FEELING HOT, HOT, HOT (AND NOT)
by Kestryl Lowrey
published September 12, 2008
A Great Place to Be From
now playing Off Broadway at the Kraine Theater
through September 27
When I say A Great Place to Be
From is hot, I am only partially referencing the steady increase of the theatre’s temperature as the evening progressed. Maybe the air conditioner was off so that the audience would feel as if they were experiencing a monstrous
heat wave alongside the characters; maybe it was just so we could better hear their compelling stories. Either way, the sweat contributed to the experience.
Beyond a physical descriptor, heat unites the tales recounted
throughout the production. A heat wave blackout changes one man’s relationship in a way he never
expected. A blistering afternoon leads to gunshots.
An impulse to turn on an air conditioner transforms into accusations. More a collection of
monologues than a narrative play, the production follows the passions that unravel as temperatures rise.
It might seem difficult to craft a cohesive, appealing, and original
set of monologues around a theme as ubiquitous as “heat,” but playwright Norman Lasca succeeds in wringing humor and emotion from his
subject. Writing working-class male characters convincingly, without descending to shallow
machismo or buffoonery, can be a challenge for any playwright, but Lasca’s complicated masculinities shimmer through the haze.
The production cools after the intermission, shifting from the tension and frustration of the earlier characters to the distance
and malaise of a rich woman who wants to be pregnant. It’s not that this final monologue lacks
the sharp wit of the others, or that the actress doesn’t give it her all (I can’t fault it on either of these counts). Really, it just didn’t seem to fit with the other pieces in the play. After the heat of the first three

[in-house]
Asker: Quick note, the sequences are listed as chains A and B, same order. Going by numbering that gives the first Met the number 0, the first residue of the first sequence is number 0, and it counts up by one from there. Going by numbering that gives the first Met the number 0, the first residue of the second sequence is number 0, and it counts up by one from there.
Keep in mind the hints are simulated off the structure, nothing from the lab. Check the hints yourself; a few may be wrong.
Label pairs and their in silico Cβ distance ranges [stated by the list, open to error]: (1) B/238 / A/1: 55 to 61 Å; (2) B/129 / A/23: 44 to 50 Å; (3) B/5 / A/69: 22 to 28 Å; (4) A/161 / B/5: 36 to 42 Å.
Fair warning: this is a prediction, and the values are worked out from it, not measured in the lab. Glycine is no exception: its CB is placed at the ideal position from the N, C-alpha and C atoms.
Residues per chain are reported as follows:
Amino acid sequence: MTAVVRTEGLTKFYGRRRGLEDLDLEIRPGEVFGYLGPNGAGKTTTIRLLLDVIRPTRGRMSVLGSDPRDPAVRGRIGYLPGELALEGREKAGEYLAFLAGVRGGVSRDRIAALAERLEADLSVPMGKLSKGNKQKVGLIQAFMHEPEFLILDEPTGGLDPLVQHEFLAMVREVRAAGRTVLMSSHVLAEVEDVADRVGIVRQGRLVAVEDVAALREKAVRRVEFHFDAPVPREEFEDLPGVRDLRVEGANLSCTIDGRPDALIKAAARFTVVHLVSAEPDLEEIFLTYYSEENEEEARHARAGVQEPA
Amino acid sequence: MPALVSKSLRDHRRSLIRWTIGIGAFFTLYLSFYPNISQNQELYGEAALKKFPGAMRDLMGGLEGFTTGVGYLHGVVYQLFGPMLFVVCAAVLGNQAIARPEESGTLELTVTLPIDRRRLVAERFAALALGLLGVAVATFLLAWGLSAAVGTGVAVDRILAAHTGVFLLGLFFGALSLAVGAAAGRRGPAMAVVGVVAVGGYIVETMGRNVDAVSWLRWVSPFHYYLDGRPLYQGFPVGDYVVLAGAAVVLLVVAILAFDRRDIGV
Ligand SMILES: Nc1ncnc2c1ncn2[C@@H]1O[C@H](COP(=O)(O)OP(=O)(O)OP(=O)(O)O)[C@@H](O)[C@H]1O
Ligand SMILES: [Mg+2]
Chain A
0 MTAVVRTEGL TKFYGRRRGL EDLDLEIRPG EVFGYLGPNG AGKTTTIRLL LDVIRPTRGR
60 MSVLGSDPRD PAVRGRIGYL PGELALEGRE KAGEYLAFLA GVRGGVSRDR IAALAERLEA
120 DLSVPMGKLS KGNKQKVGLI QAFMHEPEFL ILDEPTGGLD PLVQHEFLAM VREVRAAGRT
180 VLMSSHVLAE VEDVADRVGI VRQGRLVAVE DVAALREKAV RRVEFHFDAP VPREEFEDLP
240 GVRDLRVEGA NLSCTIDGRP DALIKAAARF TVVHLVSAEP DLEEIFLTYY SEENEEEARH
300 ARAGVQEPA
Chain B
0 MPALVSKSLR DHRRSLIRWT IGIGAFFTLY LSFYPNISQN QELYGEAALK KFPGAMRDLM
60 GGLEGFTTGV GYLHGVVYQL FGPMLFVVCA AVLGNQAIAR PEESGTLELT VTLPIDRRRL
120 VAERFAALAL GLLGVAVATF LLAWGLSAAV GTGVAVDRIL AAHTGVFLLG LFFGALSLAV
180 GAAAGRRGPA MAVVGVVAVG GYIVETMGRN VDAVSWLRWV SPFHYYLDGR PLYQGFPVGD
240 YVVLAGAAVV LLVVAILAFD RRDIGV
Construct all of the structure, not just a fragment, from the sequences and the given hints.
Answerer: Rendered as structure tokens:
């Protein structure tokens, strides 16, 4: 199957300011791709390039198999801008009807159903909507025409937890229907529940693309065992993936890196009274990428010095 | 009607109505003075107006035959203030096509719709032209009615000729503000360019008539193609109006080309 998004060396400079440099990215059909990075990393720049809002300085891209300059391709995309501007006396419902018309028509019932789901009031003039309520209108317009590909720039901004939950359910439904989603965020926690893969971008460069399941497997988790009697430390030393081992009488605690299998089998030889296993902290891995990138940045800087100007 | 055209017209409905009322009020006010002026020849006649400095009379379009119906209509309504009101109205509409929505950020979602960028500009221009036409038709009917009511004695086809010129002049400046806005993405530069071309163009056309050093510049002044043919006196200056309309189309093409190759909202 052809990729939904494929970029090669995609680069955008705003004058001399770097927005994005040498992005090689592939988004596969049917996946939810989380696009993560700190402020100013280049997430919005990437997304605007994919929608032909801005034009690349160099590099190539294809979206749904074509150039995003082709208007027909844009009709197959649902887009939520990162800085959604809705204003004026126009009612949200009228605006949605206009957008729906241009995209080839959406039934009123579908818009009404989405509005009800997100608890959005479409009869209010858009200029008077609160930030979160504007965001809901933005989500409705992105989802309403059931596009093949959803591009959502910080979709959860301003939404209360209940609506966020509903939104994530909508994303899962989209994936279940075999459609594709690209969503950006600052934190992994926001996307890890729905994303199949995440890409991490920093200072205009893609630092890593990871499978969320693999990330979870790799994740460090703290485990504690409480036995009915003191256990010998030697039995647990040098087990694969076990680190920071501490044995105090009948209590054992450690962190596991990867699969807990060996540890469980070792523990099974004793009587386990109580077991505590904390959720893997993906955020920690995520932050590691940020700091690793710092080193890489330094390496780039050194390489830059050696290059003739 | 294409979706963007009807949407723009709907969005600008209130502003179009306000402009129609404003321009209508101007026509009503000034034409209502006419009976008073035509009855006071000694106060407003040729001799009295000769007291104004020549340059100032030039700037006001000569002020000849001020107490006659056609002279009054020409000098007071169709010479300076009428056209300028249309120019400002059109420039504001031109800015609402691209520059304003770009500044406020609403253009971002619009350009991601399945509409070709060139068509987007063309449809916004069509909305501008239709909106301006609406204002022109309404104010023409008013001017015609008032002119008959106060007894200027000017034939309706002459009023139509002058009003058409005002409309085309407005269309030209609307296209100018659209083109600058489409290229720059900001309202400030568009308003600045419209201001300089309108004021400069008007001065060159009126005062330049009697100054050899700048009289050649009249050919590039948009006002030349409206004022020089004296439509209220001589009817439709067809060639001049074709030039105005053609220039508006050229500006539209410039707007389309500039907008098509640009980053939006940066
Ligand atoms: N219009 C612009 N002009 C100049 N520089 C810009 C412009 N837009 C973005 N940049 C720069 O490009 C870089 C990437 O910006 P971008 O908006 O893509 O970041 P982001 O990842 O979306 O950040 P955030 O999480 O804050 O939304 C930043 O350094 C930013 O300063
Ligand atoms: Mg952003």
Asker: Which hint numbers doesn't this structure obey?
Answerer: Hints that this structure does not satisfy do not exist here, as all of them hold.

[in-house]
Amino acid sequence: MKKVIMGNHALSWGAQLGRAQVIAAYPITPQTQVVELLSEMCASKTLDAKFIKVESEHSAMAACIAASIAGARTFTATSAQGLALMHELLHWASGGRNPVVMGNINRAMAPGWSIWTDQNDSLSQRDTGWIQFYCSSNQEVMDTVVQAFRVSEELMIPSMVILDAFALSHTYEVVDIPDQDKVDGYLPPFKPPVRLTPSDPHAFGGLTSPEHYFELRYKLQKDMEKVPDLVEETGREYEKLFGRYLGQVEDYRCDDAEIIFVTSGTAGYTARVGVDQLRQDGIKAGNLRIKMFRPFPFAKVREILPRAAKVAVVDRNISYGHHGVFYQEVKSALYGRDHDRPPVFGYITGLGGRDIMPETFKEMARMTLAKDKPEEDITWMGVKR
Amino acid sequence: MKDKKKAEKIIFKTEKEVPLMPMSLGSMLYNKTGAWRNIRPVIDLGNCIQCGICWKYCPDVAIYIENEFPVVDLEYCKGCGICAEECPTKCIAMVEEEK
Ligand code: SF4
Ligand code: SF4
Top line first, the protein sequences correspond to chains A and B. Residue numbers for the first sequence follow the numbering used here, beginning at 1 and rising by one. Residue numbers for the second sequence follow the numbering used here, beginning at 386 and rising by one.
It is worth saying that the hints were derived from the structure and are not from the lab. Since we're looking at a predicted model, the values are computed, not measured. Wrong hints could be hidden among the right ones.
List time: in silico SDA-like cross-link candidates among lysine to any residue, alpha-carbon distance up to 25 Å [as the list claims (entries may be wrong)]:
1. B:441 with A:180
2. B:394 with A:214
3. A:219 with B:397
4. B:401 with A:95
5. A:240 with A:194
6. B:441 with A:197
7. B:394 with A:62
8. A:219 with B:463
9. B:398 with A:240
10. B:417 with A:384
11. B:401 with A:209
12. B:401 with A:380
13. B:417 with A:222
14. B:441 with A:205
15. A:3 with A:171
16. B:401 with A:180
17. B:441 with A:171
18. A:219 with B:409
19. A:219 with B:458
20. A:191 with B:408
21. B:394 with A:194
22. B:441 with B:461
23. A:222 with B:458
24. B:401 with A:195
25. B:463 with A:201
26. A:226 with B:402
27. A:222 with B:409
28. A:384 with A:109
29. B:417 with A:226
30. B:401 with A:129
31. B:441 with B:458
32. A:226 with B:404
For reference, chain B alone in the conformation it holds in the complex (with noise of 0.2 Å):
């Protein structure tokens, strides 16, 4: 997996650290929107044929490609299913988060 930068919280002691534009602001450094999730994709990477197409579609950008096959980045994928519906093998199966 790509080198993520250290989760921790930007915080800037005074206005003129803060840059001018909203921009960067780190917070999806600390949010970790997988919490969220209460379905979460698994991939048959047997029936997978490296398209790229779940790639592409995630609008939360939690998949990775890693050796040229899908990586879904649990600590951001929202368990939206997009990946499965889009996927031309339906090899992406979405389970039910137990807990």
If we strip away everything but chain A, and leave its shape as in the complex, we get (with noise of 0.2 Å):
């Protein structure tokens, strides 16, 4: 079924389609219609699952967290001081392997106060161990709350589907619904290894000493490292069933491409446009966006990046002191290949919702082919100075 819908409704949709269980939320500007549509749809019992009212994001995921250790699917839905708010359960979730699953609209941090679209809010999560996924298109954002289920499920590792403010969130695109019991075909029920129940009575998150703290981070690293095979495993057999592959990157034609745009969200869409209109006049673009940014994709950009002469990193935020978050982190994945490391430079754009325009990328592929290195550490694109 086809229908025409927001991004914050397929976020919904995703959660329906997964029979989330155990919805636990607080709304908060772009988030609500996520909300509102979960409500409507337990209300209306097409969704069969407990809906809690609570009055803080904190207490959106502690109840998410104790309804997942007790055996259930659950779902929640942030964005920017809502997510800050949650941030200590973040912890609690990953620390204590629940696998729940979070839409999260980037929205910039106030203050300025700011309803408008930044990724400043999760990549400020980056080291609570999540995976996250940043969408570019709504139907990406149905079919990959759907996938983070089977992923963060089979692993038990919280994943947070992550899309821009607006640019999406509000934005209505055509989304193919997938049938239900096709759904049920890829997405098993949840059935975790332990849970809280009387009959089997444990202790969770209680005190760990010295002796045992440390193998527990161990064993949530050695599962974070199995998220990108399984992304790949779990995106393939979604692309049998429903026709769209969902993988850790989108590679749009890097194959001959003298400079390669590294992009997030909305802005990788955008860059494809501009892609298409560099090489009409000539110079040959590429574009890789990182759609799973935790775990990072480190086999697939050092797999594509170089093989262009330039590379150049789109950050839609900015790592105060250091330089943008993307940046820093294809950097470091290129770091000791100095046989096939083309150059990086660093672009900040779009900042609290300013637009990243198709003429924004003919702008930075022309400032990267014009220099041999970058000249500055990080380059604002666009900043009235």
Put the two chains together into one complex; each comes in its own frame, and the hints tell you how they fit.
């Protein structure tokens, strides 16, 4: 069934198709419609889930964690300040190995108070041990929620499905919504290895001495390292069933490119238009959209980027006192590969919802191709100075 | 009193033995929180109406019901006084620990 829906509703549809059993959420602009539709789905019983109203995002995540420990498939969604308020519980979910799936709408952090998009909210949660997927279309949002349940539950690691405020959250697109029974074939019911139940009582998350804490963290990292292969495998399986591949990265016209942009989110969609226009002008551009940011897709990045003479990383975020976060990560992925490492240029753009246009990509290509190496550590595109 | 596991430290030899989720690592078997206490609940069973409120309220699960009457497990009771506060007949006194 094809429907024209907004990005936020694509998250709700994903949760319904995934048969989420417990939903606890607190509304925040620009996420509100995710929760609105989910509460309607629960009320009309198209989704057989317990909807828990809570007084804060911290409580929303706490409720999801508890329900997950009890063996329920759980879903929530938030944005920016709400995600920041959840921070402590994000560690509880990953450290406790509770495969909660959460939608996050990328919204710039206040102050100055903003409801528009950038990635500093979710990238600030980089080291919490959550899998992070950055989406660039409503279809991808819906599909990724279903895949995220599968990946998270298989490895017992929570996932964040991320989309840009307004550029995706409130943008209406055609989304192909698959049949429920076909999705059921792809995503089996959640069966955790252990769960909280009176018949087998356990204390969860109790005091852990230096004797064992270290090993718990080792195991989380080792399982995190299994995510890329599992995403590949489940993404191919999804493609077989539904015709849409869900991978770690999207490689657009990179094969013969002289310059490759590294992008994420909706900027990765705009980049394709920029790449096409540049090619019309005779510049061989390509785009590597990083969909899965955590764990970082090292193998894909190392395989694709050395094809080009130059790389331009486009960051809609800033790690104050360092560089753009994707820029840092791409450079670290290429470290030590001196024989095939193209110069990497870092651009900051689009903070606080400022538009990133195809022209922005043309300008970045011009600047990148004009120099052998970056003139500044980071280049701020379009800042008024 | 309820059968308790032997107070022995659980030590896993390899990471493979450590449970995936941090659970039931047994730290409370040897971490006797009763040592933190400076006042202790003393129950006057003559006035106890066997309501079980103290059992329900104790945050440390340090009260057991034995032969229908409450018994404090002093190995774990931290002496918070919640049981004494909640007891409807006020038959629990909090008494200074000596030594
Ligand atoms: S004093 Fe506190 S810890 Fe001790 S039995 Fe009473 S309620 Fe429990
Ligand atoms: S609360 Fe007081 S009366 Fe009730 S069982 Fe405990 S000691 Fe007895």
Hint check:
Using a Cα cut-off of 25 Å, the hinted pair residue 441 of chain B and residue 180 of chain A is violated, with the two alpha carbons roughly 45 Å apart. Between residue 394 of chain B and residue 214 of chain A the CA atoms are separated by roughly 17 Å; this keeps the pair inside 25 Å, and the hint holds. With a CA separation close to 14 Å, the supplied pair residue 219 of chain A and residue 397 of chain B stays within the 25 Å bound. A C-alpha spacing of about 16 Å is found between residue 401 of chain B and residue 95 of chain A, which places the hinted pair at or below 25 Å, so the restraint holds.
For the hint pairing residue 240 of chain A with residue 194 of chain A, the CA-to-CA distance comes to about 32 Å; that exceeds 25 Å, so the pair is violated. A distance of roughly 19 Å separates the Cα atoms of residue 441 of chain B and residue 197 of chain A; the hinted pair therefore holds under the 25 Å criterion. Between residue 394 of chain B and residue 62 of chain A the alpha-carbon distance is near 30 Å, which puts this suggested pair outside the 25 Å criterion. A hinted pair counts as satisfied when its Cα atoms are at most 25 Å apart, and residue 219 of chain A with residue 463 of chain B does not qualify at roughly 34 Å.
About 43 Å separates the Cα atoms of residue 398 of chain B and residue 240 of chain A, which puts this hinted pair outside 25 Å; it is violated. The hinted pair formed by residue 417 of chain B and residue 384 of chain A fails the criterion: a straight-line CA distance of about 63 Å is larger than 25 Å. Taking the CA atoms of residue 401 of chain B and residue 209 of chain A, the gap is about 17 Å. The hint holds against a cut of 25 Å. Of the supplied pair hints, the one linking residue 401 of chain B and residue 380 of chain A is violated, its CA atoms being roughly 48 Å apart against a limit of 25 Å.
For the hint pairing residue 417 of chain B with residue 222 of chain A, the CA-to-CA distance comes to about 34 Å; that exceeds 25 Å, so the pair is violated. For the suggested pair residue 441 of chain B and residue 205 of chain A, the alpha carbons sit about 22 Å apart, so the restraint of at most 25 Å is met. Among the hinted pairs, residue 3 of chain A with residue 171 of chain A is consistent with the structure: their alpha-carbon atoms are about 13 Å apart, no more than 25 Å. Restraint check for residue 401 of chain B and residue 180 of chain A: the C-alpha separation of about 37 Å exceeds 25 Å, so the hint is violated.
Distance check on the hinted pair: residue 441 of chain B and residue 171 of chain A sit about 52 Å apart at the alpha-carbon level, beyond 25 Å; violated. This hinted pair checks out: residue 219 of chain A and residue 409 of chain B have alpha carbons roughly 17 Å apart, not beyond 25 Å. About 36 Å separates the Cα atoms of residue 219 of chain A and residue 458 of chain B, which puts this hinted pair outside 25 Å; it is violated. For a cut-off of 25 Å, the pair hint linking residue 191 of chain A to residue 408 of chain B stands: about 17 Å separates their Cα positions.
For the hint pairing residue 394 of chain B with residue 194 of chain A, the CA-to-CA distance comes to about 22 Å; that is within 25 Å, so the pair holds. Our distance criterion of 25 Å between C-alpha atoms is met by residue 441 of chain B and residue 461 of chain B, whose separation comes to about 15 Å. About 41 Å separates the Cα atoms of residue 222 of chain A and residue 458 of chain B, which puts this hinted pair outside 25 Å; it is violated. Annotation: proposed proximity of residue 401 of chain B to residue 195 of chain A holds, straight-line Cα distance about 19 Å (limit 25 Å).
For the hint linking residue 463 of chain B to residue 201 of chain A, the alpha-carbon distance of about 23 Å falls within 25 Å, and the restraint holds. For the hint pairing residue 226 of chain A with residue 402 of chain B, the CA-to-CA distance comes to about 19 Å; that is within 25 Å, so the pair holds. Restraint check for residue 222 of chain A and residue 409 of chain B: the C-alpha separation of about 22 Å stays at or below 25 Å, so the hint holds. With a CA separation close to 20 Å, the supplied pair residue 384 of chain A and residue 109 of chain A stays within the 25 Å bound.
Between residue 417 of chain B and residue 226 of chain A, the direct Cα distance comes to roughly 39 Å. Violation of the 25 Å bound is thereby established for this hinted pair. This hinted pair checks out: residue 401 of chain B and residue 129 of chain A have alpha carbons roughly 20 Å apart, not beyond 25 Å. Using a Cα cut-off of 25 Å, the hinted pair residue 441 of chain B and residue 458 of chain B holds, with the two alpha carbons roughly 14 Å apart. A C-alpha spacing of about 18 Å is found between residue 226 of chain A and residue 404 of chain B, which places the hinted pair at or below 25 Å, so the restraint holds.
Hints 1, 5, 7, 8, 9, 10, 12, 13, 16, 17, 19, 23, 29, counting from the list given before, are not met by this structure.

monologues, sitting in an increasingly warm theatre, I had little interest in listening to anyone rhapsodize about the glories of central air. The
blistering swelter which drove the rest of the production seemed only tangential to this closing monologue.
Geordie Broadwater’s direction keeps each monologue tight, helping each performer to find the rhythm of Lasca’s
words. The characters are distinct and specific, in the ways that they interact with the heat,
the space, and the audience. All of the actors deserve commendation, but Matthew Johnson and
Jacques Roy both earn particular notice, for their invigorating and nuanced performances. The
set, lighting, and sound design all support the production without overburdening it, allowing the audience to devote their attention to the
explosive events of the play. Attentive to details as minor as accentuated sweat stains on one
character’s attire, Mike Floyd’s costume designs help create the heat wave onstage.
A Great Place to Be From is
the best way to experience a summer heat wave: sizzling humor and scorching drama, all with the comfort of knowing that it’ll be a whole lot
cooler outside of the theater.
kestryl.lowrey @ stageandcinema.com